The Wrath of the Mummy Pumpkin - Short Story
Do you ever feel that you fully deserve the terrifying fate chasing you? Even as you are trying your hardest to outrun it?
Here's my story about that.
I am just starting my shift, filling the shelves with tins of beans. But this bright orange pumpkin is staring at me from across the aisle and I get lost in its unique beauty. It is sat atop a pyramid of pumpkins artistically arranged on a charming plastic cart and it has odd ridges that look like rivers running around its whole body, wrapping it in beautiful streams, and in between the streams it has spots that look like trees from above and I can see a patch of mottled skin looking perfectly like deer and tiny mushrooms. The pumpkin lays out an enchanted forest in the network of its little imperfections, and it trusts my ability to see it. I put down the beans and step up to my wonderful find. This year, I will make the most inspired carving. Children will admire its glow and tell all about it.
I hide the pumpkin in the middle of the stack, so no one buys it, and return to filling the shelves. I needn’t have worried. By the end of the day, all the other pumpkins are gone, and the store manager lets me keep the beautiful pumpkin because, in his opinion, it’s too ugly to sell.
I start scooping the flesh. It's hard work, and I realise that I have never carved a pumpkin before and always assumed it was easy. It takes me all evening just to hollow it out.
I go to a poetry night. I throw a glance at the pumpkin as I leave. I notice the spots moved a little, the deer are further from the forest and the streams are bigger, like rivers now. ‘I will carve you tomorrow,’ I say.
I don't own any good knives. Maybe I could carve with a screwdriver. I can’t find my screwdriver. I notice the hollow pumpkin looks softer, the enchanted forest slowly rearranging itself to a new pattern, the rivers swelling and winding tighter around. I give up searching and wrap it in kitchen towels for protection.
I hear an odd noise, like stone shifting over stone, and feel a breeze. I shut the windows and go to sleep.
I find myself walking in the enchanted forest among huge vines, big squashes, and, in the distance, a glowing pyramid of pumpkins. I follow the glow, crawling through the undergrowth toward the ever-moving pyramid. I finally emerge in front of it and walk inside. Deep in a crypt is a stone-carved dinner table covered in beautiful glistening baked pumpkins, surrounded by children, eager to eat a slice. I greedily reach out to grab a pumpkin. I hear a roar behind me.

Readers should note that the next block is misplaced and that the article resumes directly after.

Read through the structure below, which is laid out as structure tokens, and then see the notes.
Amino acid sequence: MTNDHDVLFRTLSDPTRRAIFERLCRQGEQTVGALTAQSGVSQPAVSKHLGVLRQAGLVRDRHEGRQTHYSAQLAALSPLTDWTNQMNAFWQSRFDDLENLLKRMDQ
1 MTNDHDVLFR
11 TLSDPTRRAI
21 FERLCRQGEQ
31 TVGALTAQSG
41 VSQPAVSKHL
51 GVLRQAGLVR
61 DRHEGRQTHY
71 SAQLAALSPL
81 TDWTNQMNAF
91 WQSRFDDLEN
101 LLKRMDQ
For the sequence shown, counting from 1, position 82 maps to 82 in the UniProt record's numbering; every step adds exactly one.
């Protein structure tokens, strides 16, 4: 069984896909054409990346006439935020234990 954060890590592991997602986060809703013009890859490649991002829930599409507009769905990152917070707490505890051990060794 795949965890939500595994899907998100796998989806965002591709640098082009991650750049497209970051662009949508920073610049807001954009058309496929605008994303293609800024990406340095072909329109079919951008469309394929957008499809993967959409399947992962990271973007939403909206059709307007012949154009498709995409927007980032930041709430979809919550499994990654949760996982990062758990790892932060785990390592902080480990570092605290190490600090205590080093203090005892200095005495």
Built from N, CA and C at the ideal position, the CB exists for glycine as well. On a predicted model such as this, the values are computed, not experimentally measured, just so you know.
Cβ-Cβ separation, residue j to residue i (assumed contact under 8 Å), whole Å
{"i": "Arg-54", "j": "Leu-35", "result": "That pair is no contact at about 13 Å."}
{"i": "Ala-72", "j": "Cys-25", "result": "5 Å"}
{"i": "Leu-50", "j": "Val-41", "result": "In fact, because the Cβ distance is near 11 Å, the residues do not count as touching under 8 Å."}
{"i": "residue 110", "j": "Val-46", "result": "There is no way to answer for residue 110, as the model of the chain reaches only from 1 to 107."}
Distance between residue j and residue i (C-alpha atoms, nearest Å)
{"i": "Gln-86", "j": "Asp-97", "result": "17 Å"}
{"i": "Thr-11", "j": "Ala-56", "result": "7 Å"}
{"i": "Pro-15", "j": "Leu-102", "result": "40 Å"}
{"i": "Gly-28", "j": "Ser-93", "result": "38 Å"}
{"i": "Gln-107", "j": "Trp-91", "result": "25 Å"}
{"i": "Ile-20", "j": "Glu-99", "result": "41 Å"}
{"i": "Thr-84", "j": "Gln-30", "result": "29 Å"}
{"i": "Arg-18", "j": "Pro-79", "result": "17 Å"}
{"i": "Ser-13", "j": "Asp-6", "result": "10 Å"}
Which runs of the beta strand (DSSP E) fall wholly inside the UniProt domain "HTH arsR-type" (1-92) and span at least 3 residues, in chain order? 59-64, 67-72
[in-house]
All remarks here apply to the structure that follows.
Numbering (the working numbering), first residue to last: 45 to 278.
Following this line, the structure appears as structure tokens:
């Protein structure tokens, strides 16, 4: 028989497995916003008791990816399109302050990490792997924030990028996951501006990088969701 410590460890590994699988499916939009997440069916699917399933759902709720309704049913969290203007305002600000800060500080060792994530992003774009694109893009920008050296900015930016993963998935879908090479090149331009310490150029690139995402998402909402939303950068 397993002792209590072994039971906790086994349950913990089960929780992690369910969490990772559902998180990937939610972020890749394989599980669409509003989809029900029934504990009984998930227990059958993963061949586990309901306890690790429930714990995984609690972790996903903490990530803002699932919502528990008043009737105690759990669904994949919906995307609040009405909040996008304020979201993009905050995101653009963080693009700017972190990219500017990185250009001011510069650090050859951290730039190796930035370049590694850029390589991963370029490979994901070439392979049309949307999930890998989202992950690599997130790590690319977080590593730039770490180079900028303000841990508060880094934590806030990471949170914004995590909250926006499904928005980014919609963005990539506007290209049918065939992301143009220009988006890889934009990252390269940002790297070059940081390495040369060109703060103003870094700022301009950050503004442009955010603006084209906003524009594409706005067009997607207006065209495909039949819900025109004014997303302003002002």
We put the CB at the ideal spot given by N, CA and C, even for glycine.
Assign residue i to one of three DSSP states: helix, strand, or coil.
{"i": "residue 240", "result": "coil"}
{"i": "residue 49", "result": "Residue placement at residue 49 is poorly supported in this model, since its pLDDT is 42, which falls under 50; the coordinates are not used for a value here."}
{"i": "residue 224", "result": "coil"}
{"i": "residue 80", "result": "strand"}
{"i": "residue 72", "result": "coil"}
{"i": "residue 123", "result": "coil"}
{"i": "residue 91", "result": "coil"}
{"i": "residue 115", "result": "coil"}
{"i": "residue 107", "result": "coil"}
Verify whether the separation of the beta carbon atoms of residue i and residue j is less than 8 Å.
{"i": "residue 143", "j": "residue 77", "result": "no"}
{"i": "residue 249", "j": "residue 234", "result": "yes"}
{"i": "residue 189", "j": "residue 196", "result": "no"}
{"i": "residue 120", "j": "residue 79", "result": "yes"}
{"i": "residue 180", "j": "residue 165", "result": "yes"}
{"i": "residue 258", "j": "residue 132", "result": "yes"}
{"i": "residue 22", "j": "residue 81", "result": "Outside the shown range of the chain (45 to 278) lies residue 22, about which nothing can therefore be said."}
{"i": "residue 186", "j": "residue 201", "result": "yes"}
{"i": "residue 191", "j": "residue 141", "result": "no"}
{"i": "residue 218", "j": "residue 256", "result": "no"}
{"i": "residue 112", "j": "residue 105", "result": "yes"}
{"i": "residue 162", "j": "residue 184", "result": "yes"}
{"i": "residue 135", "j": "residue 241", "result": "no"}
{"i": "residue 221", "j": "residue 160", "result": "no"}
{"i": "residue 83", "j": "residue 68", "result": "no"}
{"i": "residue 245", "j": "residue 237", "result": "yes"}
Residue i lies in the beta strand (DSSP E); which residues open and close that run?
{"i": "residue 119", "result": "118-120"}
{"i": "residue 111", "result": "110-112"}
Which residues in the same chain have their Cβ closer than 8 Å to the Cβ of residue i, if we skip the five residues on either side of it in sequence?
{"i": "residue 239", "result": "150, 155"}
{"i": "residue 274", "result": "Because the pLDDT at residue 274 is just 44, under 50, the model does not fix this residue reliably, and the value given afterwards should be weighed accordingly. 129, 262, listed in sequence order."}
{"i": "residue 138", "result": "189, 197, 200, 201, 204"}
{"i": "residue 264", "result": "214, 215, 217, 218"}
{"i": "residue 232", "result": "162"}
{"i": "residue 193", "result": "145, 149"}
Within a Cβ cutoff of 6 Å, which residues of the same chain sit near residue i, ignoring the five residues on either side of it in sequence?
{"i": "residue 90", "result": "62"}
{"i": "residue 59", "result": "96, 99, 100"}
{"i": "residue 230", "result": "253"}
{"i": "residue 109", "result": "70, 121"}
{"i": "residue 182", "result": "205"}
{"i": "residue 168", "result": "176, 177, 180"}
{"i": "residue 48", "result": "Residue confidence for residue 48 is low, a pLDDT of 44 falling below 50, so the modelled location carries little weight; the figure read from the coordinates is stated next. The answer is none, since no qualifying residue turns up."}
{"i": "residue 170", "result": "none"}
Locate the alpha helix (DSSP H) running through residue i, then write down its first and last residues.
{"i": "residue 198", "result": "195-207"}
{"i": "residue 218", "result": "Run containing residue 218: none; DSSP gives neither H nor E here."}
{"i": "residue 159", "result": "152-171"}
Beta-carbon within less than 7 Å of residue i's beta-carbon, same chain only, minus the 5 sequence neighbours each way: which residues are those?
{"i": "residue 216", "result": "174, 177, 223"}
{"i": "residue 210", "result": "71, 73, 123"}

‘Who disturbs my table?’ A pumpkin is rising above me, and I recognise it though its rivers are now completely covering it, like wraps, and it has a pair of furious, glowing eyes. ‘You are cursed,’ it whispers. I trip over the kids, then get to my feet and run.
I wake up, terrified. I scramble to the kitchen: the pumpkin is on the worktop, silver in the moonlight.
‘I'm sorry,’ I say. ‘You're beautiful and I'll carve you tomorrow. Definitely.’
I open the fridge and the pumpkin flesh is staring at me. I make pumpkin soup out of it and freeze it. I roast the seeds and put them in a jar. ‘It’s all fixed now,’ I tell the pumpkin. ‘I’ll totally carve you tomorrow.’
I get a response on a recent audition: I didn’t get it. I just know that if I carve it the day I didn’t get it, I’ll think about it every time I see a pumpkin, ever. It was my fault; I let myself think I’d get it, I really did believe it this time.
I almost expect the chase now, and sure enough, as soon as I’m asleep, it’s on and I’m running and crawling and hiding behind trees.
I call my parents. I don’t say much; what could I say, that I didn’t get the role and I built a D&D character, and I awakened the wrath of a Mummy Pumpkin? They talk to me about the grandkids, which is nice.
‘Tomorrow,’ I whisper to the pumpkin as I turn out the kitchen light. In the moonlight, I see that the marks on the inside form a screaming face.